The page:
Get Ahead of the Game But being flexible doesn’t mean being disorganized. Whether it’s planning ahead, or having a certain place for everything, a sense of organization can go a long way toward alleviating the feeling of free-fall. For instance, the few seconds it takes to return something to where it belongs can save hours of searching later. Diana White, who manages a full-time job, household, and her three kids’ active schedules, has learned to expect the unexpected during the week. On Sundays, she gets a jump start by taking care of the essentials: she chooses and irons her work clothes, shops for her family, and cooks any big meals planned for the week, which allows them to "grab and go" as needed. On days when her son is sick, or her daughter has a special event, she says having a freezer full of prepared food helps keep things running smoothly. Other mothers swear by a daily planner or to-do list to stay organized. Kristen Cavallaro, a part-time database administrator whose children are ages 3, 5, and 7, says her ‘To Do’ lists, both at work and at home, help keep her life in order. "Even simple things, like sewing a button on, make the list," she says. This not only helps her keep track of what needs to get done, but also helps her group tasks to make the most or her time — for instance, pairing the laundry with meal preparation. But she jokes that some things have been on the list for almost two years. "Obviously not a high priority," she laughs.

Don’t Do It All Dr. Margaret Paul, who teaches "Inner Bonding", a six-step process that includes healing aloneness, and is the author of Do I have to Give Up Me to Be Loved By My Kids, says that while many women do find ways to do it all, it’s an unfortunate product of our culture. She says that in communities where woman are able to put all their focus on their baby and do not have to deal with other more mundane aspects of life do not generally experience the same scatteredness. "Women have to realize that they can’t do it all by themselves," says Dr. Paul. While some mothers may feel this is admitting failure, Dr. Paul feels it’s more of a failure if she doesn’t get the help she needs. Not only is she failing to be loving to herself, but she is modeling the behavior to her children. She suggests finding some way to get help, whether it’s an adolescent helping after school, networking with other women, or asking help of other family members. Claire Heavey, a mother of five boys ages 5 months to 7 years, grew up in a family of 15, so sharing the load is not a foreign concept for her. She says having a husband who helps out with anything from dinner, to the boys’ activities, to cleaning up makes all the difference. But, she admits, even with help it’s easy to over-commit, especially when it comes to the various committees that ask for her time. She found a way to be actively involved but also avoid the stress that results from being stretched too thin: "Instead of volunteering once a week for school activities," she says, "now, maybe it’s once a month."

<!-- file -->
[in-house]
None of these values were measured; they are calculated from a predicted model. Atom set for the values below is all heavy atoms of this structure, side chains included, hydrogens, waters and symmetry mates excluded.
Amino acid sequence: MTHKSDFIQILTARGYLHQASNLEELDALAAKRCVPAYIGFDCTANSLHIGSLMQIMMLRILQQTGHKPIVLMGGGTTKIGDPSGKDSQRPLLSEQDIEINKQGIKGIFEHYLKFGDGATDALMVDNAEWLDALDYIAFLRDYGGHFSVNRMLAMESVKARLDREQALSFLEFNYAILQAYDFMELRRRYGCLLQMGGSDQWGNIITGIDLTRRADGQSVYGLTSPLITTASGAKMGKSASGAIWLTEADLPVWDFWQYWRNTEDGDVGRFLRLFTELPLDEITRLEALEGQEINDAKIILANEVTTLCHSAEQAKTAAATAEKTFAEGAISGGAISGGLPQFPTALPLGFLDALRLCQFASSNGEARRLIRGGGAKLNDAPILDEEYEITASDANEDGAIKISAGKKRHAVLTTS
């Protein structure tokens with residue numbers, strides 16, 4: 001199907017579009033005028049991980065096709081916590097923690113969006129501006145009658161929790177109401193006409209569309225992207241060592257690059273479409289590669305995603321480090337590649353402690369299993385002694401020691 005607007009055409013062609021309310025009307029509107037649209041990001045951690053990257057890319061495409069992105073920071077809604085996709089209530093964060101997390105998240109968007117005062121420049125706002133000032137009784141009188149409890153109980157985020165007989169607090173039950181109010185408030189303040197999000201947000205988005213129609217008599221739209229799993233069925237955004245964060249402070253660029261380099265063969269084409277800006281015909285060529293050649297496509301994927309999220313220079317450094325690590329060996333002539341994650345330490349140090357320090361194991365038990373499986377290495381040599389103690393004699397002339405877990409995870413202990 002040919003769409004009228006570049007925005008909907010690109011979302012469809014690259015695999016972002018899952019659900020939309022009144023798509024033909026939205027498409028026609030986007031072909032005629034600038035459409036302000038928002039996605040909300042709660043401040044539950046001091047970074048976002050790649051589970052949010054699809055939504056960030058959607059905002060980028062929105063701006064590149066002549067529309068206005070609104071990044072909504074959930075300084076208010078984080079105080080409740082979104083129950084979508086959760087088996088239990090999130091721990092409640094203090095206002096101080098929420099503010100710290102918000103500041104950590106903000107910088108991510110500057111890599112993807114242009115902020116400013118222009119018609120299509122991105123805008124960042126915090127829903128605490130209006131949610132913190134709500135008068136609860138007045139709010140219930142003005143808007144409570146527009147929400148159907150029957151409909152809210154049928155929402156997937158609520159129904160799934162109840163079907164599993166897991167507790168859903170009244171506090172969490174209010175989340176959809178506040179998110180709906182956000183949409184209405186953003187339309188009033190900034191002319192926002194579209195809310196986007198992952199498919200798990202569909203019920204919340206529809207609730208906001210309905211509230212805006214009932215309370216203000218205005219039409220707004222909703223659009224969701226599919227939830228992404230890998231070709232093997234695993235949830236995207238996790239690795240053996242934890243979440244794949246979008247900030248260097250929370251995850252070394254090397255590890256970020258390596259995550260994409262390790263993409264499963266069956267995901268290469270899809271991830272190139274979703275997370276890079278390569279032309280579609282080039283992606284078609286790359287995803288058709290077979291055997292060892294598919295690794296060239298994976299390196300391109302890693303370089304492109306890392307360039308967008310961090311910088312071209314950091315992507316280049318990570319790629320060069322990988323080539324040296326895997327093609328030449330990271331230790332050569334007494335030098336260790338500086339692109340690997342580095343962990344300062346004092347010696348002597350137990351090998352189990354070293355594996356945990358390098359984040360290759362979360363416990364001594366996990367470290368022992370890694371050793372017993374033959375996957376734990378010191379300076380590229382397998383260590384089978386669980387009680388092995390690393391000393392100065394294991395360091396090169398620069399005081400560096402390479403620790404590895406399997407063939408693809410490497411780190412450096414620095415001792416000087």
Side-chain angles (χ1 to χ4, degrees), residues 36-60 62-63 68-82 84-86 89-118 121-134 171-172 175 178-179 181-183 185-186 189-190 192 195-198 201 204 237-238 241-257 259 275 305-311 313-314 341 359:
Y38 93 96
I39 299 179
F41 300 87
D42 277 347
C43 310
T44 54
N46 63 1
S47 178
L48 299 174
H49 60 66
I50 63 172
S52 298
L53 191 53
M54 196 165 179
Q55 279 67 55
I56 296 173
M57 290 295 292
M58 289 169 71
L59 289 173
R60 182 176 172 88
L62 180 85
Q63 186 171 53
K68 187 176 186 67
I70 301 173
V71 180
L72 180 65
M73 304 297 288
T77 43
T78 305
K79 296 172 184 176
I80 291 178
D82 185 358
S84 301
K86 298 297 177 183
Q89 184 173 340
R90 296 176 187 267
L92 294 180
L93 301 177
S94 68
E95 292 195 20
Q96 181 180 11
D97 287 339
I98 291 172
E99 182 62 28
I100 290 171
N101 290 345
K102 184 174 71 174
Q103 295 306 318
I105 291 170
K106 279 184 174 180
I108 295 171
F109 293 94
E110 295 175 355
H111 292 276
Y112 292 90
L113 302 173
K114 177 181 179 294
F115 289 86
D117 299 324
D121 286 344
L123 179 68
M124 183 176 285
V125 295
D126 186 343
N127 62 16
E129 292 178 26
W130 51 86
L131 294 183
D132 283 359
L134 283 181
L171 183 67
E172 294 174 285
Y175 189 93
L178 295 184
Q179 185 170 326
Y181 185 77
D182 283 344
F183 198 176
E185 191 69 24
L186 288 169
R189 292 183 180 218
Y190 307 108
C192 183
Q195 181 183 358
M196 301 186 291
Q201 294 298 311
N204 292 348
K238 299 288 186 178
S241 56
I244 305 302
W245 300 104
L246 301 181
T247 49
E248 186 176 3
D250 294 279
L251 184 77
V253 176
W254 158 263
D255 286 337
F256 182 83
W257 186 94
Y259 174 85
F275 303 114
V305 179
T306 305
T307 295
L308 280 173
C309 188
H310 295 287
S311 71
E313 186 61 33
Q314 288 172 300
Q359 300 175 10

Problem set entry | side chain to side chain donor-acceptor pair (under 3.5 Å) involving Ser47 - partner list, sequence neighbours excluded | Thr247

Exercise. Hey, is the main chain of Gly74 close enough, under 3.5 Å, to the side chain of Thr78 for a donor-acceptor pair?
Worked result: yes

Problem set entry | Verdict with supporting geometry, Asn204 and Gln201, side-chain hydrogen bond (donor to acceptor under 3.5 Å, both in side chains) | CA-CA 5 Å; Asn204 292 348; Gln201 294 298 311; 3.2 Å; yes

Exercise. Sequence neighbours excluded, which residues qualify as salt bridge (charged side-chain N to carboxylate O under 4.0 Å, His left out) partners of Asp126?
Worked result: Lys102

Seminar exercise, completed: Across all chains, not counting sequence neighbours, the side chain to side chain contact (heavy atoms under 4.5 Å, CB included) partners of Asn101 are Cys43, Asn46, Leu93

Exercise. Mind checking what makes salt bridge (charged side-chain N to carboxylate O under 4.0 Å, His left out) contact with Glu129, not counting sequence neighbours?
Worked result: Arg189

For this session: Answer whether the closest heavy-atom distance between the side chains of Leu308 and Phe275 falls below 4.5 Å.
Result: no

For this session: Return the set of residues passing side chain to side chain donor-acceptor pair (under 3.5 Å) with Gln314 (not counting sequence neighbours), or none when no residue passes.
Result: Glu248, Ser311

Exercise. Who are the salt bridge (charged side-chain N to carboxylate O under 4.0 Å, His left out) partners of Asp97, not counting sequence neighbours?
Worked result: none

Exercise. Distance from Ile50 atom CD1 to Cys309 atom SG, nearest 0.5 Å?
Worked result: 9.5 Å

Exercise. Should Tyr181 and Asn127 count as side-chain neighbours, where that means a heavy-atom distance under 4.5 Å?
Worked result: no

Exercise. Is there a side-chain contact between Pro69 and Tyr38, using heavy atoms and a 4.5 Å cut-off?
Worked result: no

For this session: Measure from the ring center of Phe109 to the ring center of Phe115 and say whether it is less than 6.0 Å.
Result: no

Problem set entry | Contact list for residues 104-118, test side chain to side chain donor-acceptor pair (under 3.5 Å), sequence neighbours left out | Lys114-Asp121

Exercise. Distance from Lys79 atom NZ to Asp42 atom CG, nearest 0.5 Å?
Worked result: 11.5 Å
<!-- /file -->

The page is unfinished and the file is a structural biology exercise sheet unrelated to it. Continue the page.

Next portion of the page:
Find Time for Yourself Glade B. Curtis, M.D., an OB/GYN in private practice, and author of the best selling Your Baby Week by Week and Your Pregnancy Week by Week, suggests seeking out women in similar situations. He says networking is critical to staying centered — a lesson he learned by watching his wife with their five children, and now his daughter with her children, seek out and find other mothers to help be successful. "Find someone who does it well, and copy them," he says. Most moms, especially those perceived as "SuperMom”, agree that there is no real SuperMom to copy: only days that are better than others. Coming to grips with that is the first step toward being the calm at the center of whatever storm blows your way.